From NBC's Betsy Cline and Whitney Bright
In a speech about the economy, former New York City mayor and 2008 presidential candidate Rudy Giuliani
railed against President Obama's push for health care.
"Why not let it be examined in the marketplace of free ideas?" Giuliani said, arguing for the free market. "If it's so good, what's the rush?"
Giuliani went on to say, "We don't have a health emergency." And because of that, he argued, Congress and the president should take the time to "avoid a horrible mistake?"
Besides the timetable, Giuliani also took issue with the contents of the bill. Going further than most critics, he said the bill is not a step toward nationalized health care, "it IS nationalized health care, and it's just a few more steps to socialized medicine."
He said Democrats are trying to borrow from systems like Canada's and Europe's, which, he claimed, don't work. He may not like the timing or the content, but Giuliani seemed to relish the Democratic infighting.
"We won't be non-participants in the debate," he said, but "we should allow them to battle it out."
At a separate event today, former House Speaker Newt Gingrich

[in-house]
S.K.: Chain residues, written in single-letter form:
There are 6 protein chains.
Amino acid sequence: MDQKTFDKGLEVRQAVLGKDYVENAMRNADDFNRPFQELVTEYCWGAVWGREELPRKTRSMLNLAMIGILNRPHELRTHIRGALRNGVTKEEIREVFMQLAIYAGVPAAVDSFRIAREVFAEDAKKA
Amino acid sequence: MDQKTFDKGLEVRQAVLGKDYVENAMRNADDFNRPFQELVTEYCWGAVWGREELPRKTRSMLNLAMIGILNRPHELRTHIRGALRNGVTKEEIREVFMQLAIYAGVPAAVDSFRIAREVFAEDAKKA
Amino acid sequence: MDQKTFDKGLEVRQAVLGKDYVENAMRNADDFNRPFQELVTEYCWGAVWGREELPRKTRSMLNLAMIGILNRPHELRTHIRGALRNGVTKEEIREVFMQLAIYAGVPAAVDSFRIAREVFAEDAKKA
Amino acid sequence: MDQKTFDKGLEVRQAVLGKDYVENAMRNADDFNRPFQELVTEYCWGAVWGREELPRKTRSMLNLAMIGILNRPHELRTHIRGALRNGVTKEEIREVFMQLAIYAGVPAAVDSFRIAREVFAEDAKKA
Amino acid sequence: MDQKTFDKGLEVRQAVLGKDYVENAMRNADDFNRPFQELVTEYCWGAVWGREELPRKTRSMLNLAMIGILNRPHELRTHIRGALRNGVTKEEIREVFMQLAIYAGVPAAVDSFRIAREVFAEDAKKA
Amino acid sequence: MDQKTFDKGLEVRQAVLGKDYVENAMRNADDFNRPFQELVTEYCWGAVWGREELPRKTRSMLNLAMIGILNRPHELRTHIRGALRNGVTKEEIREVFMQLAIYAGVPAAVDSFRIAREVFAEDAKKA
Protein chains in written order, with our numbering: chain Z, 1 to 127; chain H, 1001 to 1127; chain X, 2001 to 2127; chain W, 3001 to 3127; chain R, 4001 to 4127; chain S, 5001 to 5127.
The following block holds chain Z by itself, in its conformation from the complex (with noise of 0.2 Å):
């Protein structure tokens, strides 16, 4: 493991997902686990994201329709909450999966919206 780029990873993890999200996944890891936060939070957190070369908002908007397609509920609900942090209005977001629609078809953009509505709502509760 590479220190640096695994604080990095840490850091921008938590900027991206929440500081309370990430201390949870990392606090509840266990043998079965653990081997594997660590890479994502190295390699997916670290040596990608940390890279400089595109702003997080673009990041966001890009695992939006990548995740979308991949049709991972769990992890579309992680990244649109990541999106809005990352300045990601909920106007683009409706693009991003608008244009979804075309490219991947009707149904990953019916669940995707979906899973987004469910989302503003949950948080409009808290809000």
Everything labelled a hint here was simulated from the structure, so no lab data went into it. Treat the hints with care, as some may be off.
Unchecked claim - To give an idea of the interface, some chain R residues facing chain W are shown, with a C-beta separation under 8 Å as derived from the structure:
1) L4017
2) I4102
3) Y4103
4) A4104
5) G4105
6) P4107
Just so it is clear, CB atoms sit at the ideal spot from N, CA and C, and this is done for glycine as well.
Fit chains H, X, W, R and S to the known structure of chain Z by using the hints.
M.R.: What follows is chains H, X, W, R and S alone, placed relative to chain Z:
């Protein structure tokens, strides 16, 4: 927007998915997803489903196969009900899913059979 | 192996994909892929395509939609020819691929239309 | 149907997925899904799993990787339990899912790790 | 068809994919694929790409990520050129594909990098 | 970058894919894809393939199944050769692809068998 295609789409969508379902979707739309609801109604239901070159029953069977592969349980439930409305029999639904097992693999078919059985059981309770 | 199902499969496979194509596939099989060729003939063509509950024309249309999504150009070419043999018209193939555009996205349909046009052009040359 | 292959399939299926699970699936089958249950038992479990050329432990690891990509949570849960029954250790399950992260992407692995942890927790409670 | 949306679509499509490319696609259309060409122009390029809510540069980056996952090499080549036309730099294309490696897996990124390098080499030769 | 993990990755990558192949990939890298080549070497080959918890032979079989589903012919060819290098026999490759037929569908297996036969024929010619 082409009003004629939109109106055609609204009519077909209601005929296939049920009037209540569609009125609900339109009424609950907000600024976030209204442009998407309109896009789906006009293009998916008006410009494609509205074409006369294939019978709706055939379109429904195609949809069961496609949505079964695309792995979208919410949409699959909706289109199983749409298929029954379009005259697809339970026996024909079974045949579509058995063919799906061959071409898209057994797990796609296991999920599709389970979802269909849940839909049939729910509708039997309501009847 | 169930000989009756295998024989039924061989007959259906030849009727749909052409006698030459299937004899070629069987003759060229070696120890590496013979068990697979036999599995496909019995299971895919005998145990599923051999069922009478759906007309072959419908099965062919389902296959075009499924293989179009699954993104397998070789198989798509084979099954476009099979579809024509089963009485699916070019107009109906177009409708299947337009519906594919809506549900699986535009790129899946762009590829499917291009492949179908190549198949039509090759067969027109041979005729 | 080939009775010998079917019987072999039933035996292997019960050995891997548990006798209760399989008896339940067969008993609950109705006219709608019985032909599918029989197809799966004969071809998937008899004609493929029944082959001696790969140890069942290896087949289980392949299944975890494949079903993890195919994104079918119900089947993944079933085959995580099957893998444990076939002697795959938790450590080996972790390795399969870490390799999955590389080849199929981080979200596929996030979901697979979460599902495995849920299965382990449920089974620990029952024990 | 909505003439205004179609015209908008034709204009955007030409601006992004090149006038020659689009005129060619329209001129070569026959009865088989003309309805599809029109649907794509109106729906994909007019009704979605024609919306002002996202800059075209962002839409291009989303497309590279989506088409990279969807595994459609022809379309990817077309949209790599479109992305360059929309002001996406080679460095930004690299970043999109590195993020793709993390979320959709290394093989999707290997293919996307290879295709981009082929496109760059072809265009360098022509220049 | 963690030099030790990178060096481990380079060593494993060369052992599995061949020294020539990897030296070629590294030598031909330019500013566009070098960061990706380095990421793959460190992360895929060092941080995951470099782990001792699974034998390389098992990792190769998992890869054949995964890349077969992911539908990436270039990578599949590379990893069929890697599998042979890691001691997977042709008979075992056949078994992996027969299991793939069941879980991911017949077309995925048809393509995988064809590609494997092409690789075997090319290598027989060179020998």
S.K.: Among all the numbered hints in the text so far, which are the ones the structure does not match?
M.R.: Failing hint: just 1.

criticized Democrats for rushing health-care legislation, as well as for not attracting enough Republican support.
"They have made an artificial deadline, because they are unwilling to have a conversation," Gingrich said. "Those folks are in no way bipartisan. They rammed through a 300-page energy bill at 3 a.m. and voted on it at 4 p.m. The same will happen with the health-care bill, too, because it's done in secret."
But Gingrich spent most of his time talking about tax reform, which he said would boost the economy. First, he proposed a two-year, 50% reduction in Social Security and Medicare taxes.
"This would get everybody more take-home pay," he said.
Second, he suggested following the Chinese model of having no capital gains tax. Third, he called for cutting corporate taxes, referencing Ireland's business tax rate of 12.5%.
"Do the math!" he exclaimed. "If you have less after taxes, you can't invest in the next factory!"
Lastly, he strongly advocated to eliminate the estate tax, saying, "No one should have to visit the undertaker and the IRS in the same week.